Econostrum | Economic News in the Mediterranean

More resources and greater freedom for projects

In partnership with Mena Economic Forum

Written by Jean-Christophe Barla on Monday, December 9th 2013 à 17:09 | Read 1374 times

Sustainable growth in the countries of the MENA region requires economic diversification. Such diversification requires tailored financing. Financing structures are emerging to support major projects and start-ups.

Participants in the session "The Role of Financial Institutions in Supporting the Real Economy". Photo JC Barla
Participants in the session "The Role of Financial Institutions in Supporting the Real Economy". Photo JC Barla

Arab countries have problems with youth unrest, urbanisation, social inequality and political instability, to name but a few. However, participants in the session "The Role of Financial Institutions in Supporting the Real Economy", held on 8 November 2013 at the MENA Economic Forum in Marseilles, believe significant changes are under way. 

"The revolutions have had an effect on foreign investment in the Mediterranean region," explains Emmanuel Noutary, Managing Director of Anima Investment Network. "The Gulf states are coming to the rescue during this transition by getting involved in major projects." Other backers are doing the same. "We are the biggest investor on the continent," claims Amani Abou-Zeid of the African Development Bank (ADB). The ADB has injected $17 billion of funding into North Africa.

However, the institution also supports the rise of the financial sector, SME support funds and harmonised regulations. Ms Abou-Zeid says that "weak inter-regional trade is costing the area 2-3% in GDP. This trade must be encouraged.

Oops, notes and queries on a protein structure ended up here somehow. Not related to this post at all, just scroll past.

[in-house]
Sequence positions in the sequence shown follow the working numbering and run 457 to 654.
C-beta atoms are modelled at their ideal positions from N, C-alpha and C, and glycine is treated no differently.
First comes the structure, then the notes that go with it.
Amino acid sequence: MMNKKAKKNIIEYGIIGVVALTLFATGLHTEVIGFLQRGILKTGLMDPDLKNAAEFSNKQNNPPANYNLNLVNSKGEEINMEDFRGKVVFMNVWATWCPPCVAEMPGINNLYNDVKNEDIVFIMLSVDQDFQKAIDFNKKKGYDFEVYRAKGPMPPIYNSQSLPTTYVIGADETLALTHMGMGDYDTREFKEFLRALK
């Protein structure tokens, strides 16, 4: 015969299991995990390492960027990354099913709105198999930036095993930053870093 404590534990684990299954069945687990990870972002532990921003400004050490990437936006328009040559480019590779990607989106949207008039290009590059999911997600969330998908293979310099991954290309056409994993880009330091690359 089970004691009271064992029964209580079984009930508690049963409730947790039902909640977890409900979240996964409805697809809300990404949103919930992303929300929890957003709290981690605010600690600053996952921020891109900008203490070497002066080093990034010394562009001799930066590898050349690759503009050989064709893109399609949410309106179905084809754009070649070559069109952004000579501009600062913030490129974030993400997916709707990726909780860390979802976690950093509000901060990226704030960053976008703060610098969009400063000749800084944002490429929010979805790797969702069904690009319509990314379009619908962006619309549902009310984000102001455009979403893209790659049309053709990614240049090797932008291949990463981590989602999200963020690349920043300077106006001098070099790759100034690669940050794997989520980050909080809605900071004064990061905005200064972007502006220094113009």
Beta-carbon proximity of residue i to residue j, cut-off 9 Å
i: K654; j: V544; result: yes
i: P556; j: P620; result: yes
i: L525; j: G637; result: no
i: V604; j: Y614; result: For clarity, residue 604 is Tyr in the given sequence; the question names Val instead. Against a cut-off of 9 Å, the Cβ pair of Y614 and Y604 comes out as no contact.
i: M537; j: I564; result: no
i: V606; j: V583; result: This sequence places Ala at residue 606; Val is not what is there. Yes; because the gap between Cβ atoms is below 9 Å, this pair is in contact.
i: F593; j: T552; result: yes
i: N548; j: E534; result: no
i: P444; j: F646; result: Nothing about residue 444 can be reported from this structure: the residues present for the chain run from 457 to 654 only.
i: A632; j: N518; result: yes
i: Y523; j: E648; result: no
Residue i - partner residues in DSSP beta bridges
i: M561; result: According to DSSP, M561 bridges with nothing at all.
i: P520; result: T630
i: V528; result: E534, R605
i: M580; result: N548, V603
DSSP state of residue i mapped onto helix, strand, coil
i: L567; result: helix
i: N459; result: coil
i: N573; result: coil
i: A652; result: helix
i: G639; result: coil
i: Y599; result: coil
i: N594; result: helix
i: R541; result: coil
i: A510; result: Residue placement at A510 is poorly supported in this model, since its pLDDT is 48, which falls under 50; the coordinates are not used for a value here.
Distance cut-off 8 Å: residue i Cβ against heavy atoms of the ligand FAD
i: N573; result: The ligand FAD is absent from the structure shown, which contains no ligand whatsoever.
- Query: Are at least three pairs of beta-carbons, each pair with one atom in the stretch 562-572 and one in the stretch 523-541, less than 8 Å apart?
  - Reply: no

Harmonising and relaxing obligations

Morocco is already on the right track, according to Saïd Ibrahimi, Chairman of the Moroccan Financial Board, which created Casablanca Finance City to group together investment banks, services companies, multinationals, etc. This financial centre aspires to be a hub for the economic development of the Maghreb and West Africa. "We have built an entire ecosystem," claims Mr Ibrahimi. "In Morocco there are no restrictions on foreign companies in terms of owning subsidiaries or repatriating capital gains.

In the United Arab Emirates, Sharjah is also relaxing its stance by proposing two free-trade zones. "We must be careful not to over-regulate so that investments come to Sharjah and don't go elsewhere," explains Marwan Al Sarkal, executive director of Sharjah Investment and Development Authority. 

Emmanuel Noutary believes there are now many different sources of finance: "300 funds were dedicated to the Mediterranean region in 2008, and this had risen to more than 600 in 2011 owing to the emergence of dozens of regional funds." He sees a problem, though: "Too few are interested in seed capital and risk capital, despite start-up businesses being the recruiting ground for tomorrow." 

There is, however, support for new businesses in the form of business incubators such as Wiki Start Up in Tunisia, Berytech in Lebanon and Oasis500 in Jordan. 

Islamic finance, which is still a marginal industry according to Anima, could be another way to get projects of the ground. "Morocco is considering a specific framework for collaborative finance that could satisfy some of the needs of investment and investors," says Saïd Ibrahimi.


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